The government is seeking the public’s concerns about artificial intelligence, as it works towards formulating a national AI ethics framework.
CSIRO’s Data61 today launched a discussion paper to “encourage a conversation on how the nation develops and uses AI” covering the benefits and risks of the increasingly ubiquitous technology.
Funded by the government in its May Budget, the discussion paper proposes eight principles “to guide organisations in the use or development of AI systems”.
Feedback on the paper – and on the eight principles in particular – is being sought until the end of May.
“AI has the potential to provide real social, economic, and environmental benefits – boosting Australia’s economic growth and making direct improvements to people’s everyday lives,” said minister for industry, science and technology, Karen Andrews launching the paper today.
“But importantly, we need to make sure people are heard about any ethical concerns they may have relating to AI in areas such as privacy, transparency, data security, accountability, and equity. The impact of AI is likely to be widespread and we have an imperative to ensure the best possible outcomes; while the community needs to be able to trust that AI applications are safe, secure and reliable,” she said.
The principles which the Data61 paper says “should be seen as goals that define whether an AI system is operating ethically” state that AI systems should “do no harm” and “generate net benefits” and work within local and international laws and regulations. They should also ensure people’s privacy is protected, and not “result in unfair discrimination”.
The principles propose that individuals should know when an algorithm is being used that impacts them and “they should be provided with information about what information the algorithm uses to make decisions”. People should also be able to challenge the use or output of an algorithm that may have impacted them, via an “efficient process”.
Those responsible for creating and implementing AI based systems “should be identifiable and accountable” although it is noted that "developers cannot be expected to bear the responsibility for achieving these outcomes all on their own"
“With a proactive approach to the ethical development of AI, Australia can do more than just mitigate against risks – if we can build AI for a fairer go, we can secure a competitive advantage as well as safeguard the rights of Australians,” the paper Artificial Intelligence: Australia’s Ethics Framework says.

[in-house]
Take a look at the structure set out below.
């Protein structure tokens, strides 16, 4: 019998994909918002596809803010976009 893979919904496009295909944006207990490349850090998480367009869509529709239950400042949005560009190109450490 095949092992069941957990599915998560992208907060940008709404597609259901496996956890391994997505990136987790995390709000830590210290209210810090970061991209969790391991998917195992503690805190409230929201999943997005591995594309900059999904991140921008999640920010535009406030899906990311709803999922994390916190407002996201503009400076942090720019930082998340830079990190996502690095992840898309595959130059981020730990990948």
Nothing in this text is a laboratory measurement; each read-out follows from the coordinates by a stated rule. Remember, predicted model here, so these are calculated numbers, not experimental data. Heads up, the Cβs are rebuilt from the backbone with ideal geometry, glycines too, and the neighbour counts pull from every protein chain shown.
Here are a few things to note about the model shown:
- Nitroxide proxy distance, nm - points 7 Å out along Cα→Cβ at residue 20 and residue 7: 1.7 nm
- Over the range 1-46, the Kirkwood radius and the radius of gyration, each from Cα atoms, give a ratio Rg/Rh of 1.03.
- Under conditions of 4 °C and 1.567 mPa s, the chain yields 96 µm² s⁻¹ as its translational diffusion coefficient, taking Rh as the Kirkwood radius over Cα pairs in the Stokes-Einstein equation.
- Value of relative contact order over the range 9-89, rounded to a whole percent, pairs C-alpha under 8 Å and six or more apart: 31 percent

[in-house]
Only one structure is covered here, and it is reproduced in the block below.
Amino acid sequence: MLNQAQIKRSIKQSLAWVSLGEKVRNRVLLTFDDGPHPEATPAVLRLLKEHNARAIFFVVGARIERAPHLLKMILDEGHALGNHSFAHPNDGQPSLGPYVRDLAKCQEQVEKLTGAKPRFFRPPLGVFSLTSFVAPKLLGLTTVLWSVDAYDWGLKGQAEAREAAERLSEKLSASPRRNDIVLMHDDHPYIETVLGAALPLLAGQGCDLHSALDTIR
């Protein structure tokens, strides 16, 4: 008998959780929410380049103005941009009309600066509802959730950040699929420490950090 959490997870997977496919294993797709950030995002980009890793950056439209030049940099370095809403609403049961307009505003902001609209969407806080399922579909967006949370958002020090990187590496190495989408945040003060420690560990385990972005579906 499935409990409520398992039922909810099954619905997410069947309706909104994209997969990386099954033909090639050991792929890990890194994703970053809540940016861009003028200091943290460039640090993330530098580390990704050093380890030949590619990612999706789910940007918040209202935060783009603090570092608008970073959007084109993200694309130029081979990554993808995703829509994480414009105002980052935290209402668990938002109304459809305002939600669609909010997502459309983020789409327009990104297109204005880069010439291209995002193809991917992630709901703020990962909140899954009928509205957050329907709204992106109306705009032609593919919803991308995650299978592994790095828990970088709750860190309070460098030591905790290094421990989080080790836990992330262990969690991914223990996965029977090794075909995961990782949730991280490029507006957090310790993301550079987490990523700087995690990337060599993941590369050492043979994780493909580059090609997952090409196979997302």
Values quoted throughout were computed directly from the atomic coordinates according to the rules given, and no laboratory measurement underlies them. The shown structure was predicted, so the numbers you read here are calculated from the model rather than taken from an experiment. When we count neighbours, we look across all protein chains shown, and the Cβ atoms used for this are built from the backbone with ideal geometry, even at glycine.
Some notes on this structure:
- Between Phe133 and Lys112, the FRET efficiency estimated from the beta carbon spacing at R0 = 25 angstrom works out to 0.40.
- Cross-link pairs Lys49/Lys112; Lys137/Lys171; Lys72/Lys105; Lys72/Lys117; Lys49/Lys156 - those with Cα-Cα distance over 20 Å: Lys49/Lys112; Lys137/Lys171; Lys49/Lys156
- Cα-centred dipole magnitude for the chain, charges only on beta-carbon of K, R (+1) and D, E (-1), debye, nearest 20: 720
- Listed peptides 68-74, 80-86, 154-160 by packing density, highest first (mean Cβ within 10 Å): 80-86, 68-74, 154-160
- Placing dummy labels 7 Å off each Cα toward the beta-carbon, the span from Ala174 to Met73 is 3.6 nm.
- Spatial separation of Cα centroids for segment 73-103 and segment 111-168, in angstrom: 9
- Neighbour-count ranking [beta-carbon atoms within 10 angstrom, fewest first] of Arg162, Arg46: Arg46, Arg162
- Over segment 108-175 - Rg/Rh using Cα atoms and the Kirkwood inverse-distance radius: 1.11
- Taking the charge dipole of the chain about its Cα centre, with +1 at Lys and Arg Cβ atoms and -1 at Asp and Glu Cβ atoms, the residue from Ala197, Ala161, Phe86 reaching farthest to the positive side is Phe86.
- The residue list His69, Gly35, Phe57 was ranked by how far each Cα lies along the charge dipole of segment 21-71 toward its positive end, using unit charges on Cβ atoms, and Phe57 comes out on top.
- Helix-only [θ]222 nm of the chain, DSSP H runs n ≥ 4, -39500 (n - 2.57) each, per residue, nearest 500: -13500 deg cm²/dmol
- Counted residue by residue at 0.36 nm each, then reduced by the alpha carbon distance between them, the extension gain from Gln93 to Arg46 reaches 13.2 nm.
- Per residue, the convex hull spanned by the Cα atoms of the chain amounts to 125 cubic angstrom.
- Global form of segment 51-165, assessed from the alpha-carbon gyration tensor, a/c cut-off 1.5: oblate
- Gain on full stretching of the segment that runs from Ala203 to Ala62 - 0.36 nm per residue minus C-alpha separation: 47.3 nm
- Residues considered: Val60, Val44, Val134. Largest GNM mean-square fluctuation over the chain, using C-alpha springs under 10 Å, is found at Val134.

Following the consultation period, the government will lay out a set of principles and practical measures that organisations and individuals can use “as a guide to ensure their design, development and use of AI meets community expectations”.
Struggling to keep up
A group of Australian business leaders and academics earlier this year called for greater ethical oversight of AI, arguing that “old, dumb law [is] struggling to keep up” with the rapid progress in the field.
Many companies – particularly those considered early adopters of AI – are establishing internal AI ethics committees to appraise their efforts. Insurer IAG in December announced it was founding, with CSIRO’s Data61 and the University of Sydney, a research institute with an aim to create a ‘world where all systems behave ethically’. SAP and Axon have also established committees.
Major technology companies including Microsoft, Facebook and Google have established ethics committees to tackle the issue, with varied results. Yesterday, Google confirmed to Vox that it was pulling the plug on its AI ethics board, just a week after it had been established. The company faced employee petitions calling for the removal of board members based on past comments and involvement in military use of AI.
Late last year, Microsoft published six ethical principles to guide its development of AI. The move followed Google’s sharing of seven similar principles. In September, IBM released a “practical guide” for designers and developers working with AI called Everyday Ethics for Artificial Intelligence covering five areas of focus.